Hi, I'm Dave Thurlow from the Mount Washington Observatory and this is The Weather Notebook. Today we're going to talk about a weather event that occurred on Jupiter recently.
Most people are familiar with Jupiter's Great Red Spot, a giant high-pressure region that spins counterclockwise in the Southern Hemisphere. In the late 1930's, white clouds filled a band to the south of the Great Red Spot. These clouds eventually broke up and formed into 3 spinning ovals of high pressure lined up in a row, each 2/3 the diameter of earth.
As of last Fall, astronomers still saw 3 ovals. Then, Jupiter went behind the sun and out of view, which it does every year. What's interesting is that when Jupiter reappeared in March, there were only 2 ovals, with one much larger than the other one. Scientists were baffled. The ovals had come close to each other in the past, but they always bounced off of each other like pool balls.
We aren't exactly sure how this happened, but there is a theory. The cause is believed to be similar to that of a 3-car accident, or a nice shot on a pool table. All three ovals moved around the planet at about 4 mph but for some reason, the first oval stopped moving. The last oval kept moving and bumped the oval in the middle into the stalled oval causing them to merge, forming a larger, earth-sized weather system.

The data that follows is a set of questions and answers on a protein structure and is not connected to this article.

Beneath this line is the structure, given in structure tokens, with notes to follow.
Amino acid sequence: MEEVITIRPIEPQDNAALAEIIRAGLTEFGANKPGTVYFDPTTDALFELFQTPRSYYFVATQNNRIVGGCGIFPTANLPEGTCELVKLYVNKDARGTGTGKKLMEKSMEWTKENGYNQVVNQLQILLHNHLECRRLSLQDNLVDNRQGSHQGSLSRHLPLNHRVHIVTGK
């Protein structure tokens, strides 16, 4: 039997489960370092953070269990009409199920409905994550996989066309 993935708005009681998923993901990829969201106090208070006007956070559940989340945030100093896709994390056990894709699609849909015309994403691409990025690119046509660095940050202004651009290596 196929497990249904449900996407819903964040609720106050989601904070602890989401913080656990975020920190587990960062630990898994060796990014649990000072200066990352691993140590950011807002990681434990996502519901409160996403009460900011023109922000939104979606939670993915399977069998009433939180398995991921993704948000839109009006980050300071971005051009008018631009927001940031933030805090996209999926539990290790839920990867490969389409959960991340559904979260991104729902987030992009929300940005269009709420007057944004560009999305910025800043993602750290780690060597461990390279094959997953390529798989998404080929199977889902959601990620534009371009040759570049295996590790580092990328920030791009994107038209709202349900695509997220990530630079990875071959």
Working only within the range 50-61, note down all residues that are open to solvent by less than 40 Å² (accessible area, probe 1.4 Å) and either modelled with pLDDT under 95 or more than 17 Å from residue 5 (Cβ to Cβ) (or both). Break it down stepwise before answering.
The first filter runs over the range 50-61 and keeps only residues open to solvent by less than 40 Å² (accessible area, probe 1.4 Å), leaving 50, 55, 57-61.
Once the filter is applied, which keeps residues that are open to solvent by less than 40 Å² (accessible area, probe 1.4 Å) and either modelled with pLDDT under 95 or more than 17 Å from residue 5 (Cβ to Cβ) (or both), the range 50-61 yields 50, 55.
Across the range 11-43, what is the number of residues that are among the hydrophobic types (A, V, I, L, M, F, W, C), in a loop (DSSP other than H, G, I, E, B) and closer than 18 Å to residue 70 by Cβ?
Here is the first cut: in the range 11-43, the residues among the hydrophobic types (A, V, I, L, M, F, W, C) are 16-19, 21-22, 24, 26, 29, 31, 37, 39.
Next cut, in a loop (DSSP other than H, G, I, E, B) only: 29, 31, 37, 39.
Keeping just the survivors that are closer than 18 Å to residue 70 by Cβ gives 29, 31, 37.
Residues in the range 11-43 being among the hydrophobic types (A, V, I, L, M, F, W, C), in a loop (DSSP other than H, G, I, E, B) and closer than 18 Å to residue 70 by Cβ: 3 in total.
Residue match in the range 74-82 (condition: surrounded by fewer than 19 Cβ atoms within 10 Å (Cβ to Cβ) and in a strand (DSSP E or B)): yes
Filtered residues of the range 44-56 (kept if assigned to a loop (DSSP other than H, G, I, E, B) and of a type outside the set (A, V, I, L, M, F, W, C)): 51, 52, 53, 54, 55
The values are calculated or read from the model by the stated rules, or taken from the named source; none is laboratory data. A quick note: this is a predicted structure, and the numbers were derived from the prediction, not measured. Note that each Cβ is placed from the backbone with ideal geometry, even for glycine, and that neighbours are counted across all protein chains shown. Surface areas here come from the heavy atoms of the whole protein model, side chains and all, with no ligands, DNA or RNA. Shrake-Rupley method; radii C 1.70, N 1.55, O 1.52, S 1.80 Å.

The two remaining ovals are now moving away from each other and scientists hope that should they collide again, they'll be able to witness it.
For pictures and other information about the ovals on Jupiter, be sure to visit our website at weathernotebook.org. Our show is underwritten by Subaru, the beauty of all wheel drive with major support provided by the National Science Foundation.
Photo released by the Jet Propulsion Laboratory, Pasadena (USA).